Behind The Scenes Of 1985's Vampire Classic 'Fright Night'
It’s fair to say that Tom Holland’s (not the friendly neighborhood one) take on those infamous bloodsucking creatures of the night took audience members by surprise when Fright Night first hit the big screen back in 1985. Combining horror, amazing effects, and dark humor, Fright Night really has proven itself a timeless cult film. Not to mention, it gained so much notoriety that it even received a 2011 remake that attempted to revitalize that edgy vampire universe for old and new fans alike.
Where did it all start? In a movie that was jam-packed with variety, just how much went on behind the camera? From a cast member spending a full 18 hours in the makeup chair to getting the visual effects team to help rewrite the movie, we’ll be taking a look at the most interesting tales from behind the scenes of the original 1985 classic vampire flick. Welcome to Fright Night for real!
William Ragsdale Suffered A Very Costly Injury On Set
During a scene in which William Ragsdale (Charlie) had to run down some stairs in quite the hurry, Ragsdale injured his foot. What was initially thought to be a sprain by the crew and Ragsdale himself was eventually confirmed to be a break by the sound recordist, who claimed he could actually hear the bone break through his sound equipment. After being rushed to the hospital, Ragsdale’s action scenes were delayed, causing production to dip into its insurance in order to extend filming.
According to Ragsdale, after he recovered, he was constantly followed around by an angry producer who would hurl hostile comments at Ragsdale under his breath when no one was around, such as, “$100,000 - that’s what you cost me every day.”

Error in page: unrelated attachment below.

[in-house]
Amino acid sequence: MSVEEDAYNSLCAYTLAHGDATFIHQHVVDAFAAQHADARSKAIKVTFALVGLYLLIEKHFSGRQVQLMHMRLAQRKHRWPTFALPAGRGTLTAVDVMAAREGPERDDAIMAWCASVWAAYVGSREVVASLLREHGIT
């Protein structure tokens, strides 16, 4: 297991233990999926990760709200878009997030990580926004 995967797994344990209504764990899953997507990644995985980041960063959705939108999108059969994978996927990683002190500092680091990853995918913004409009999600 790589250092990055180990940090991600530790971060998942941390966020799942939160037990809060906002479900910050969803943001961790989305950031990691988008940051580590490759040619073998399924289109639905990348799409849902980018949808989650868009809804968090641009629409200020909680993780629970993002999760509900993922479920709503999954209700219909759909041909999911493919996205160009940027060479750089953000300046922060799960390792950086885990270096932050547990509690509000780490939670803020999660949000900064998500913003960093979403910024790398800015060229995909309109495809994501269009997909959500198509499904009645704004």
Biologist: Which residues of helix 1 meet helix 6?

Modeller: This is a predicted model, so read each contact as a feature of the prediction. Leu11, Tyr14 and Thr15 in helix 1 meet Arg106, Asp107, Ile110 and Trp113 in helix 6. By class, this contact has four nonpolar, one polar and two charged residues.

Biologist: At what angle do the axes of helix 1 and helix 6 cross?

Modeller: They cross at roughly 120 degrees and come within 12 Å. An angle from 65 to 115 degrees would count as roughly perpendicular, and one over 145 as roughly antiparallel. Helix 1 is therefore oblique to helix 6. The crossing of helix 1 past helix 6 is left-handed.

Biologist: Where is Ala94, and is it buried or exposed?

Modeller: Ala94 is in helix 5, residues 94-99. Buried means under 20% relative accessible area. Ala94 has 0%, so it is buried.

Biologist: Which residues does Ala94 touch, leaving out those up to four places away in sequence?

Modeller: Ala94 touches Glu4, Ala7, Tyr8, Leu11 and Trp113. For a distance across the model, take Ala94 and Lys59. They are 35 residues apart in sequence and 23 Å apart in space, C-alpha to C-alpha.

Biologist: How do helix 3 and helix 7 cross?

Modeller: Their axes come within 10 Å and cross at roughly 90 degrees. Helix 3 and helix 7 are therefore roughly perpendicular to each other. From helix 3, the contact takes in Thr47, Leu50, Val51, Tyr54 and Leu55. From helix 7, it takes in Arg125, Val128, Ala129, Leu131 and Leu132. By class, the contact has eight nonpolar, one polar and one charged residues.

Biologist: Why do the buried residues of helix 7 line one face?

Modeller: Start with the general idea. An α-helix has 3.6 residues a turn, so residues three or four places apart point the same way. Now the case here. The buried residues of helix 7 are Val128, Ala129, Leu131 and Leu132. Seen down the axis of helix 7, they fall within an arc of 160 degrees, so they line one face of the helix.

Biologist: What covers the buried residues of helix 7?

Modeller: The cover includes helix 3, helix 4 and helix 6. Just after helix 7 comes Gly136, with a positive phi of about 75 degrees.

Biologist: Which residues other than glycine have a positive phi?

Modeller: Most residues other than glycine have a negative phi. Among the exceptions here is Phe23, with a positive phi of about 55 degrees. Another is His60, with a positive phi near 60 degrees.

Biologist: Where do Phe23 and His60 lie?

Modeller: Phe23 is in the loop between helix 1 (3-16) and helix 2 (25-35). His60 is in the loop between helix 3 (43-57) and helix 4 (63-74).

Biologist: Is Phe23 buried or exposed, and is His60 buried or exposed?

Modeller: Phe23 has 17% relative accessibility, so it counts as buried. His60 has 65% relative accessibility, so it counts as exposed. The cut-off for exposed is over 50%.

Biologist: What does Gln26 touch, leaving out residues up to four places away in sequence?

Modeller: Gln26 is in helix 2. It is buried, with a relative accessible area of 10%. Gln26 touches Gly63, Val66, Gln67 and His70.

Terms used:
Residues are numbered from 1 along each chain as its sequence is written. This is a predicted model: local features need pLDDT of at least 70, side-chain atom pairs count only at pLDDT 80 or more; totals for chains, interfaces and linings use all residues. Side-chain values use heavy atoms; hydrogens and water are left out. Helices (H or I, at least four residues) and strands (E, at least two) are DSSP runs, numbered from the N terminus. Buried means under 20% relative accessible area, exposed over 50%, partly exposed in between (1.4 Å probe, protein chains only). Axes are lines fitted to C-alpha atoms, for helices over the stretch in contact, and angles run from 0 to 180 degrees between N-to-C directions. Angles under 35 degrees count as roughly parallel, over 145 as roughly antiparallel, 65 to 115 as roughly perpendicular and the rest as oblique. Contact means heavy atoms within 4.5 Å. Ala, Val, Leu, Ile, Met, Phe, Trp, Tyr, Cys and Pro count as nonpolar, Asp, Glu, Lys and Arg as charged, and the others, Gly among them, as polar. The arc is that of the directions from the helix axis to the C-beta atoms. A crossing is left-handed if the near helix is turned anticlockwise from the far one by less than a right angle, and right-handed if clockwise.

Special Effects Sucked Up Most Of The Movie's Budget
Although Fright Night had a relatively modest budget for that era (around $9 million), the movie's horrifyingly gruesome effects made it a cut above your average vampire movie at the time. Because the movie had a somewhat intimate setting, these effects sucked up most of the film's budget, as each penny was allocated where it could be used to the best of its ability... and it certainly shows.
Richard Edlund’s Boss Film Corporation was able to provide prosthetics, ground-breaking puppets, and optical effects. His team had just finished up on the special effects for Ghostbusters, and although it had a much bigger budget, they went through a lot of trial and error. This ended up working to Fright Night’s advantage when they came on board. Holland stated in an interview:
They had made all of their mistakes with how to do the matte shots and everything on Ghostbusters with their huge budget, and so they really knew how to do [the special effects] as inexpensively and efficiently as it could be done at the time.
These flawlessly executed effects helped secure the film's place in the vampire hall of fame.
The Cast Wrote Their Own Characters' Backstories
The performances of the movie's ensemble separate Fright Night from many '80s horror movies, allowing audiences to empathize with fuller, more compelling characters than the victims-in-waiting that populated the average slasher at the time.